The group Lawyers for Civil Rights has filed a class-action lawsuit against the commonwealth of Massachusetts over what they're calling overly broad and discriminatory background check regulations for childcare workers.

The rules were instituted as part of a larger regulation update state legislators passed last year to comply with new federal mandates. At issue is an additional set of rules included in the Massachusetts law that gives state officials the power to review a broad range legal records, including juvenile records, during routine childcare employee background checks. If someone is flagged, officials with the Massachusetts Department of Early Education and Care (EEC) have the power to ban them from working in the industry. Impacted employees have no option to appeal.

The lawsuit was filed on behalf of Tara Gregory, who was forced to leave her job with New Beginnings Academy in Hyde Park this spring. The lawsuit claims the Massachusetts Department of Early Education and Care told Gregory she was disqualified because of her juvenile record. Thirty-three years ago, when Gregory was 16, she got into a fight with a group of girls and allegedly kicked someone. She entered plea for the charge of assault and battery with a dangerous weapon and spent two years on probation.

"I think this is unfair. This [record] has never affected me," Gregory said in an interview. "I was a child myself."

Gregory is currently working as a driver for a ride sharing company to pay the bills. She said she passed that company's background check without issue. Gregory explained that she filed the lawsuit because she doesn't want to walk away from a career she's had for more than 20 years.

"I'm hoping it's going to help me and many others," she said.

Gregory v. Commonwealth of Massachusetts takes issue with two main facets of the new state regulations. First, the attorneys argue EEC's policy to allow lifetime disqualifications from working in the childcare field without the right to an appeal violates the Massachusetts Constitution's guarantee of due process.

"The idea that a woman could have worked in a space with thousands of young people over the 20 years of her career and suddenly can be told that she’s no longer fit for this work," said Sophia Hall, Gregory's attorney. "This is precisely what these background checks are not supposed to do."

Hall added, disqualifications based on juvenile adjudications are inherently discriminatory because they disproportionately impact childcare employees of color.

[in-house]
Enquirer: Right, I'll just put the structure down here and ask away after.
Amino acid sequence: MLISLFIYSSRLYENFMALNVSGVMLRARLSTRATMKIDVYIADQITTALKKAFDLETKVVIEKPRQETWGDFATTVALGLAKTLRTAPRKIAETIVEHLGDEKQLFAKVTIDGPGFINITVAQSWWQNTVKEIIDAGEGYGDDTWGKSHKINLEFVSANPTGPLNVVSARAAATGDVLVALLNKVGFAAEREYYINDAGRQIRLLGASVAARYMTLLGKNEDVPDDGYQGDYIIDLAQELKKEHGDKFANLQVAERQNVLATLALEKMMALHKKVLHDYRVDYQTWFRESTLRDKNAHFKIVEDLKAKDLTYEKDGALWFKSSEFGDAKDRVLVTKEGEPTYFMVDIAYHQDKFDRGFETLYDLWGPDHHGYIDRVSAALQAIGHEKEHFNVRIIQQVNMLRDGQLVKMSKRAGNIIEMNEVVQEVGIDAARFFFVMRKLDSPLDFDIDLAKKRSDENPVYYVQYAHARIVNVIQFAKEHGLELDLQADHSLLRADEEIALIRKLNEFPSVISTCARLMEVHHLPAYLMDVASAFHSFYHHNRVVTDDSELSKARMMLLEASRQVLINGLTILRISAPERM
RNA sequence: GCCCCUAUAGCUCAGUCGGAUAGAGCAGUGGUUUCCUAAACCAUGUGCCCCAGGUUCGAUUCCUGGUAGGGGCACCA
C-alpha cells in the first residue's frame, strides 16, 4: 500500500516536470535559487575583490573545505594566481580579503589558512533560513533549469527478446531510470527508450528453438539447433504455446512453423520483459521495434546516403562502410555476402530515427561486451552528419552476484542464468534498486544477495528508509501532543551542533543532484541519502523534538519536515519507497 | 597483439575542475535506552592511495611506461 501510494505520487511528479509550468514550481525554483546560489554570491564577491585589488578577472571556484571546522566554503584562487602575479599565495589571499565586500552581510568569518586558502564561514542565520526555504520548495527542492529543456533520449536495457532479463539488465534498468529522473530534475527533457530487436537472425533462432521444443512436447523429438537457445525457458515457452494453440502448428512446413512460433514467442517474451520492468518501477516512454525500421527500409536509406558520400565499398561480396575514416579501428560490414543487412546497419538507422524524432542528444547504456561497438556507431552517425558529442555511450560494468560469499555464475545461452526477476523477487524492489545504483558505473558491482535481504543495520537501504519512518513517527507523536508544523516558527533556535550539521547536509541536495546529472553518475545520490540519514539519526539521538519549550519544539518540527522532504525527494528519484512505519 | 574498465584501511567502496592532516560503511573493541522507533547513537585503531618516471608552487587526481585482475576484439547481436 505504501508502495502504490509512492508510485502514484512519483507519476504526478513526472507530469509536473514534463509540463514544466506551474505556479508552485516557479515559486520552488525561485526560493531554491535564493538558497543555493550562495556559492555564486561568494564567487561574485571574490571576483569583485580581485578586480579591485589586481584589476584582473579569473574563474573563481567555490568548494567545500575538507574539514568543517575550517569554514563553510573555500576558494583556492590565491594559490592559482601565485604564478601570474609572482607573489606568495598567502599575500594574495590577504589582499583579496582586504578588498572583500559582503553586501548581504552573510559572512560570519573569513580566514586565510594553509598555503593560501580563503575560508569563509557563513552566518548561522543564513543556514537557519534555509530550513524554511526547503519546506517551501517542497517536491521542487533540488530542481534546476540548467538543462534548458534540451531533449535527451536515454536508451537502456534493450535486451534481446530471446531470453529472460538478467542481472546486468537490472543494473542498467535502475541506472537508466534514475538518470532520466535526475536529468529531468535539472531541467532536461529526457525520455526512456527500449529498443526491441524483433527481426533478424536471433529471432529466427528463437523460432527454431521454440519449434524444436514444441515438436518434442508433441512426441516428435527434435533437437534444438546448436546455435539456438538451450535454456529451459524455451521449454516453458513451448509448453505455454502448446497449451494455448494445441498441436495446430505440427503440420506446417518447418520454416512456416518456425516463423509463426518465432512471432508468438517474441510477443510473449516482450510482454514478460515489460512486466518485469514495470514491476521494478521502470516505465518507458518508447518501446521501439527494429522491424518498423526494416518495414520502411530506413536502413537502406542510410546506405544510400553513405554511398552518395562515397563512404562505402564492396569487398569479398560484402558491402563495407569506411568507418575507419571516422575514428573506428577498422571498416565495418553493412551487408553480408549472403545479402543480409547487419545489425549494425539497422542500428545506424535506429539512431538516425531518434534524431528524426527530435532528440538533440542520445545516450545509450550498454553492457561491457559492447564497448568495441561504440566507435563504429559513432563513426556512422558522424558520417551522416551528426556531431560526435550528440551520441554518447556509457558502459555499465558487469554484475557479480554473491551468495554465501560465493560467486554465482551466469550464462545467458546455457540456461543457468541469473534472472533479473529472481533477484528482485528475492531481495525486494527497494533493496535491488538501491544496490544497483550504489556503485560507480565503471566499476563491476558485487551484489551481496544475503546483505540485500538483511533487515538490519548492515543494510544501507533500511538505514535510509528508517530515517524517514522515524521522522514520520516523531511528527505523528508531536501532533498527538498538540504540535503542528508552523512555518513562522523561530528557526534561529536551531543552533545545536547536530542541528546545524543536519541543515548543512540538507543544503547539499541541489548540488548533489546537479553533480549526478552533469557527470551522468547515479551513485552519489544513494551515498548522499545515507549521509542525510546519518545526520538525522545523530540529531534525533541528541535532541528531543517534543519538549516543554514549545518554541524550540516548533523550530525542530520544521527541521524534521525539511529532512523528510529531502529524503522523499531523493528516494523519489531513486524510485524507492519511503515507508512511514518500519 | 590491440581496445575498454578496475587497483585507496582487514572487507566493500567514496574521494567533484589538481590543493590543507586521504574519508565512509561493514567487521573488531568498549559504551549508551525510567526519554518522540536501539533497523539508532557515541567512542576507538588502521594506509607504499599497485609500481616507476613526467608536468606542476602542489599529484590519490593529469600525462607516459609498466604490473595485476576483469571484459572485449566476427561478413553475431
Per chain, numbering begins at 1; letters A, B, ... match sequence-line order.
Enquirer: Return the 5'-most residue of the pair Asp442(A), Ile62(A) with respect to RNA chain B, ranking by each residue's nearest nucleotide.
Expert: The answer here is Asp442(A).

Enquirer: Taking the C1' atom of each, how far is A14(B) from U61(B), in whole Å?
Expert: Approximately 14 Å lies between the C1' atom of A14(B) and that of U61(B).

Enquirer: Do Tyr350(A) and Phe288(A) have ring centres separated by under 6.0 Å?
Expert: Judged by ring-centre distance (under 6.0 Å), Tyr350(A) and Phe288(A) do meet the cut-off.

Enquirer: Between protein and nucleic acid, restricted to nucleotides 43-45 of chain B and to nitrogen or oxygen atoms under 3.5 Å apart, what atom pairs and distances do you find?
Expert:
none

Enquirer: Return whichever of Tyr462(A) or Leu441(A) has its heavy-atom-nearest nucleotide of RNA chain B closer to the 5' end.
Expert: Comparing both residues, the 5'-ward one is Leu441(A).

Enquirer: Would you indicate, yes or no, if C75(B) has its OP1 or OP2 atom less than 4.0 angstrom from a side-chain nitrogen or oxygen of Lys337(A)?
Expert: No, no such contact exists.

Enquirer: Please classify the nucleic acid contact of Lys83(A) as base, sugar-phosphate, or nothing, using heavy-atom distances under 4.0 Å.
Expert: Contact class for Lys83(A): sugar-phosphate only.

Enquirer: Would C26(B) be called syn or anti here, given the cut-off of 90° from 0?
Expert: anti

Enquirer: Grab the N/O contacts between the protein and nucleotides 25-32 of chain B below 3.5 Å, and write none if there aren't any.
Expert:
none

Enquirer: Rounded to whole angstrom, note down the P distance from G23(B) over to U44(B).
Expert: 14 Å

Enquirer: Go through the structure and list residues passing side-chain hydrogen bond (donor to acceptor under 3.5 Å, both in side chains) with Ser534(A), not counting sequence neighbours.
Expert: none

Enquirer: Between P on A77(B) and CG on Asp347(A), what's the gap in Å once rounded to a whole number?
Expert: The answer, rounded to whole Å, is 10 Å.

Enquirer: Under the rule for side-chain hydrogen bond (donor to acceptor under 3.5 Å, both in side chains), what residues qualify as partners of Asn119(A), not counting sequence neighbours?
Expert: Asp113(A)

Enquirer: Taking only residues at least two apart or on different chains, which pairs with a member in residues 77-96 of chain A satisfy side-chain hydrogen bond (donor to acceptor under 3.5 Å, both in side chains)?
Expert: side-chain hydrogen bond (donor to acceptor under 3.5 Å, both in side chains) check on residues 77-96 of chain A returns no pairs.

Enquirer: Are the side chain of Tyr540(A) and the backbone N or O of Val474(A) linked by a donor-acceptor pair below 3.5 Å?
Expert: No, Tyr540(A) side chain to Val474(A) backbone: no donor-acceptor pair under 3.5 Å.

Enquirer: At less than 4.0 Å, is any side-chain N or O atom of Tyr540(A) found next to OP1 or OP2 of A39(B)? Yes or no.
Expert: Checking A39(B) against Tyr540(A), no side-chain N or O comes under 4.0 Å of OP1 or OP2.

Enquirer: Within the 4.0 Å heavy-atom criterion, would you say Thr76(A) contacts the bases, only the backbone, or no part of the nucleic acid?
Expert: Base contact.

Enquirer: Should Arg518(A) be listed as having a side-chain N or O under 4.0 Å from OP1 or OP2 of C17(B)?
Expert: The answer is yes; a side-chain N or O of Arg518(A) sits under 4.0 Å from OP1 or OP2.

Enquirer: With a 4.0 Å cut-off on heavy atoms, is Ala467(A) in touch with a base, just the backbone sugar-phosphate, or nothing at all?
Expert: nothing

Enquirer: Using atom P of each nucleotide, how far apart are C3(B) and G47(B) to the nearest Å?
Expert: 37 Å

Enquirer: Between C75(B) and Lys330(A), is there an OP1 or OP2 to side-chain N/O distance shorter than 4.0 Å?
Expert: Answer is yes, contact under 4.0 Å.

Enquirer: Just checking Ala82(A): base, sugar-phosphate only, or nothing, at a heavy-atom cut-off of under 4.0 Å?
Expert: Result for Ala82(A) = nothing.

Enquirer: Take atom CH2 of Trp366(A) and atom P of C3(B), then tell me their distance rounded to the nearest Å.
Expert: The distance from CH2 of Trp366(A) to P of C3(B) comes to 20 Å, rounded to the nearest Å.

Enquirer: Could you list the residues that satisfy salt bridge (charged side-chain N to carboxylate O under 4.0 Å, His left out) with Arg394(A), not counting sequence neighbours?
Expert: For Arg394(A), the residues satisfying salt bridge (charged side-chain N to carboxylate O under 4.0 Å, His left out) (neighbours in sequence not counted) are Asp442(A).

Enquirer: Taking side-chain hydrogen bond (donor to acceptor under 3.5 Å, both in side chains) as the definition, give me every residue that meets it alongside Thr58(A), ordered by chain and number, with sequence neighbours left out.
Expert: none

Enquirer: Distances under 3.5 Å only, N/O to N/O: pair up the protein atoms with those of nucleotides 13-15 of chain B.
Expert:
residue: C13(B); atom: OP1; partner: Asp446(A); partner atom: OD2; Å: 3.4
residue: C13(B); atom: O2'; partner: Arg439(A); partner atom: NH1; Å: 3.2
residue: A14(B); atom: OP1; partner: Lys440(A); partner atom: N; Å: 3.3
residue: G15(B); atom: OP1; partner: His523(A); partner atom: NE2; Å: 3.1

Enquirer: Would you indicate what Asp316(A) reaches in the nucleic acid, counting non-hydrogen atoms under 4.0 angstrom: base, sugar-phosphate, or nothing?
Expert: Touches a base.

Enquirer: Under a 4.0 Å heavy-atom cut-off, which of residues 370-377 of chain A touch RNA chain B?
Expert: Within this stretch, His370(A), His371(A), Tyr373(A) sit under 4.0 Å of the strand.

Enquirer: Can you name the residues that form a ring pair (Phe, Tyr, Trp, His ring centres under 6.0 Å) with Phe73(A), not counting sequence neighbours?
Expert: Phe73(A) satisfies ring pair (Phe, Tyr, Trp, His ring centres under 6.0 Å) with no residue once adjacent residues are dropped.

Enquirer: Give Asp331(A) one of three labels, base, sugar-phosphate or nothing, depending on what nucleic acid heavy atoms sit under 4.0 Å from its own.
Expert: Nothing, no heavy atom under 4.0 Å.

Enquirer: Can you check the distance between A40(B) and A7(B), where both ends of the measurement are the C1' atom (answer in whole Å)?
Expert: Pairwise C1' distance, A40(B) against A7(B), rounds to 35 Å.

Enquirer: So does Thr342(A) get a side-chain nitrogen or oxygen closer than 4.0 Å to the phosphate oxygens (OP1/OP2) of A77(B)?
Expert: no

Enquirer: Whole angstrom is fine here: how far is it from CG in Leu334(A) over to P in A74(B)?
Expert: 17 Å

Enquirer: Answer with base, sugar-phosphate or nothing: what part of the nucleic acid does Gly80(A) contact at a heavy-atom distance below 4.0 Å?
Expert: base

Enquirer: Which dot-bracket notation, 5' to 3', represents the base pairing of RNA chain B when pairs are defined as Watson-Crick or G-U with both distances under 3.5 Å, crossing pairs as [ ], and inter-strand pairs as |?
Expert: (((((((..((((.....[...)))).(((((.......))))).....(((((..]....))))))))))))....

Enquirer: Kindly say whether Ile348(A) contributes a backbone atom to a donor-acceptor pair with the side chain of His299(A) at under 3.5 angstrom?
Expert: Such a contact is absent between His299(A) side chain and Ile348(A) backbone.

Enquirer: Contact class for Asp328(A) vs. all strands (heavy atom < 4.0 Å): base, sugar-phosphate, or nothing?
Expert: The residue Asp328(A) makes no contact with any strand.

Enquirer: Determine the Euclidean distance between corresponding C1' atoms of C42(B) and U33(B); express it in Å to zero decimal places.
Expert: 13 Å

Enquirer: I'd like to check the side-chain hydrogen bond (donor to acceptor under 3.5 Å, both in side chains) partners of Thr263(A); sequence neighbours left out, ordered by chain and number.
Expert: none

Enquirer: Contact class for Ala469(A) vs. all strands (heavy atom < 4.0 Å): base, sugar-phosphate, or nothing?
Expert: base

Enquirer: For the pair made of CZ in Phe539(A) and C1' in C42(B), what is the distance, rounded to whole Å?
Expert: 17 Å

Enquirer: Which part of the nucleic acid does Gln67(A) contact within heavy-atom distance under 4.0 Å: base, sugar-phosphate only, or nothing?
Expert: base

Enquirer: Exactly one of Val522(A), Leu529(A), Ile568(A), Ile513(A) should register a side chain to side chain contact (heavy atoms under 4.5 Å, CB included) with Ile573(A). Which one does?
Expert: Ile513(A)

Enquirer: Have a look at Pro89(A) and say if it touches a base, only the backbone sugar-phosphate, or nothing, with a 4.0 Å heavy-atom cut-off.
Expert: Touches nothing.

"Because of racial profiling and presence of police in communities of color, youth are more likely to be arrested and to be convicted of juvenile charges than white youth," said Hall.

The lawsuit calls on the Massachusetts Superior Court to grant a preliminary injunction on the rules that require state officials to permanently disqualify employees from employment based on juvenile offenses.

Officials with EEC have said the enhanced background checks were necessary to remain compliant with federal rules and so EEC could continue to qualify for more than $277 million of annual federal funding. But state officials would not comment on the lawsuit.

When Gov. Charlie Baker introduced the full regulations last year, he said in a statement, "“Allowing the department to access important information and conduct expanded background checks will provide additional safeguards to protect our kids.”

Childcare industry experts say they're not surprised a lawsuit like this has been filed.

"We have always believed, given the overreach, given the lack of an appeal process, that it was inevitable," said Bill Eddy, executive director of the Massachusetts Association of Early Education and Care. He added that this case will likely be the beginning of additional litigation as EEC systems are fully updated with the new requirements and more employees come due for routine background checks.

This story comes from the New England News Collaborative, eight public media companies, including The Public's Radio, coming together to tell the story of a changing region, with support from the Corporation for Public Broadcasting.